Death and hunger

Charles 4 Comments

Funerals in Britain are customarily followed by eating and drinking. Are there any time-honoured foods served at funerals? Are there traditional regional variants? Are there any funeral-specific favourites — the sorts of food people associate most strongly with funerals? I’m not talking generic sausage rolls and eggy sandwiches here.

Is the custom of taking food to the bereaved still going strong? I’m not aware that it is. An Englishman’s home is his castle, after all, an English family a very private affair.

I ask because every time I read a piece in an American paper about funeral food I reflect that they seem to do it so much better than us, and in far greater quantities. If you are interested in pondering further, there’s a good piece which illustrates what I’m getting at in the Houston Press here. Do read the blog to which it links, too.

Is that we just eat anything after a funeral nowadays? Is it the case that we very rarely sit down to do it, except on soft furnishings? Anything in that?

Any views? Is this a matter of any importance whatsoever? (What a lot of questions!)

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Rupert Callender
13 years ago

We did a local funeral two days ago. The son of the woman who died said that just before the funeral he went up stairs for a shower, and when he came down, the kitchen table was groaning with food brought by neighbours for the do after.
The thing is, its the squeeky wheel that gets the grease. People jump at the opportunity to help in such a down to earth and achievable way, but they must be given permission to do so.
Perhaps that notion is at the heart of all of this movement.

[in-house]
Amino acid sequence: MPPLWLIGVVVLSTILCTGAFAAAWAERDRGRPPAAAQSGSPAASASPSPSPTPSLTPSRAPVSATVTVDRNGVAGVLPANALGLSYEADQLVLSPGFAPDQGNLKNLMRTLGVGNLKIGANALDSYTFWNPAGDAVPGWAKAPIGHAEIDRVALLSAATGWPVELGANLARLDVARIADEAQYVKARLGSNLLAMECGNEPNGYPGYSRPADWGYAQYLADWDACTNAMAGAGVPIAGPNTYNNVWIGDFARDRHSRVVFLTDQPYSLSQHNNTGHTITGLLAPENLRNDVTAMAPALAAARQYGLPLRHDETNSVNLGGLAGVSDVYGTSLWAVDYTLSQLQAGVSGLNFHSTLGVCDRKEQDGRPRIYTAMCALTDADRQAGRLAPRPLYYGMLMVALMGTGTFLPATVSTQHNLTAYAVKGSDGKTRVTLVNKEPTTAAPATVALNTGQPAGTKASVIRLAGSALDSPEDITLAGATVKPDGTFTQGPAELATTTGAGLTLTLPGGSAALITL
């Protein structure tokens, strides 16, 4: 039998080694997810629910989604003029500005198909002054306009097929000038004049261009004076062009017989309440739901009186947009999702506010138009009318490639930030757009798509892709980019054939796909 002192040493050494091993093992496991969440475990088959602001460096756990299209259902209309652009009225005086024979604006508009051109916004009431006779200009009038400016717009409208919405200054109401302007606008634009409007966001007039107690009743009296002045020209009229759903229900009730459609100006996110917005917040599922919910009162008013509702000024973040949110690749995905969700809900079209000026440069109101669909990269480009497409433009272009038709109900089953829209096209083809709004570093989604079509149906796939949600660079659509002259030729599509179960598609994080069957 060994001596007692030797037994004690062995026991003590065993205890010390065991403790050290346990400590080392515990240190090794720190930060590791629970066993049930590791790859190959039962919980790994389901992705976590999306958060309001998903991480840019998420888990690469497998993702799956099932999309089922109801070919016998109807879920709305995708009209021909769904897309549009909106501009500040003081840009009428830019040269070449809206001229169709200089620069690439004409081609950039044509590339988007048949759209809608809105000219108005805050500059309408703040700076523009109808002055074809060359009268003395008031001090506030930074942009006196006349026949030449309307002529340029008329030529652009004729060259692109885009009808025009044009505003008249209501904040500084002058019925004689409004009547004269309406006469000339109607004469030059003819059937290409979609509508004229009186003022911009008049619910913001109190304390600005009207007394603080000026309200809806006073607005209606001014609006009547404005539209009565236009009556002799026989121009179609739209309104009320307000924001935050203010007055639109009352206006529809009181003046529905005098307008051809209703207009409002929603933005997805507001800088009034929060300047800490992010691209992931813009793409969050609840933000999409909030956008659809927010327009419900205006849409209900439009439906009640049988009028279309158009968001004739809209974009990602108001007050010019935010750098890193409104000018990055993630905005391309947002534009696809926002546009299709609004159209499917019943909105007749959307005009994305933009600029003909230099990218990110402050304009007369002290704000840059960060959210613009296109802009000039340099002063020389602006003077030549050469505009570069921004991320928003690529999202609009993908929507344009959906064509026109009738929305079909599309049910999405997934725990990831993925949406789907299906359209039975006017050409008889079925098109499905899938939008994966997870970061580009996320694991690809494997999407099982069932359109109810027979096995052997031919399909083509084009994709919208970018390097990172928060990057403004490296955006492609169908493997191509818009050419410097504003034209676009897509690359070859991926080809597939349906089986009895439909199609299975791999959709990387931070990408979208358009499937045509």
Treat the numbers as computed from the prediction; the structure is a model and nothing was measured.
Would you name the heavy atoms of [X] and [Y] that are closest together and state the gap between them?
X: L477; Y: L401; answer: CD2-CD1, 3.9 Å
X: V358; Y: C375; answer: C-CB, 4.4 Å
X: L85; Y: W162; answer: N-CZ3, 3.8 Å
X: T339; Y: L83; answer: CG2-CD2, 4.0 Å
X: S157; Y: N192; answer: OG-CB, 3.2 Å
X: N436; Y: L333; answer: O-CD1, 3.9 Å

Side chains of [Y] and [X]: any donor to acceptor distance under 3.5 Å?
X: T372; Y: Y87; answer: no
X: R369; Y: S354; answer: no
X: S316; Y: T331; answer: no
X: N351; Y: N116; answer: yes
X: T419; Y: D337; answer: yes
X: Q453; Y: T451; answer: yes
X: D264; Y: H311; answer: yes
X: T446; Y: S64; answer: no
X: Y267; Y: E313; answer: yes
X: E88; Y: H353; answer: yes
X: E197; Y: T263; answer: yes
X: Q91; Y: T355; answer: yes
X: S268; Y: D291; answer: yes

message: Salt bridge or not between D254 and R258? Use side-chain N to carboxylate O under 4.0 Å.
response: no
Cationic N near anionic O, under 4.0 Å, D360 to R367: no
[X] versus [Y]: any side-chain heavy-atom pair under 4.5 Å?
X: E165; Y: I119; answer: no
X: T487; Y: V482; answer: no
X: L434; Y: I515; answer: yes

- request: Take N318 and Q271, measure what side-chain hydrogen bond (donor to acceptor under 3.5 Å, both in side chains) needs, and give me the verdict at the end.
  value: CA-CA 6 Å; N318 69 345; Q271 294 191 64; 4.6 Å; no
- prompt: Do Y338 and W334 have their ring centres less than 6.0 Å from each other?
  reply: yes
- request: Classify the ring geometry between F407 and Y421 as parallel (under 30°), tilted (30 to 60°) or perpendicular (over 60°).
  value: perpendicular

13 years ago

Brilliant picture – I thought it was a novelty coffin! (well, I did once see one that was a chunky KitKat, with ‘death by chocolate’ written on it).

13 years ago

Gosh, “death by chockolate”? now that is extreme humor…

thanks for this entry. When my mum died we all felt food drift into the backgrownd and ate convenience foods or went out although we couldnt really afford it but whenever I will next hear of a death I will most certainly bring food; it’s such a practical way to support someone in times of grief.

Charles Cowling
13 years ago

Sonya, extreme humour is always welcome here. It finds a safe home and a warm welcome. It’s interesting, I think, how words can fail to communicate anything of value to bereaved people. We mumble, “So sorry to hear of your loss,” or “She will be missed,” or whatever, but it often fails to do either side any good. This is a good point you make, I think. Taking food is a way of ‘putting your money where your mouth is’. Do you remember the newspaper headline when Princess Diana died: “SHOW US YOU CARE”? It was directed at the royal… Read more »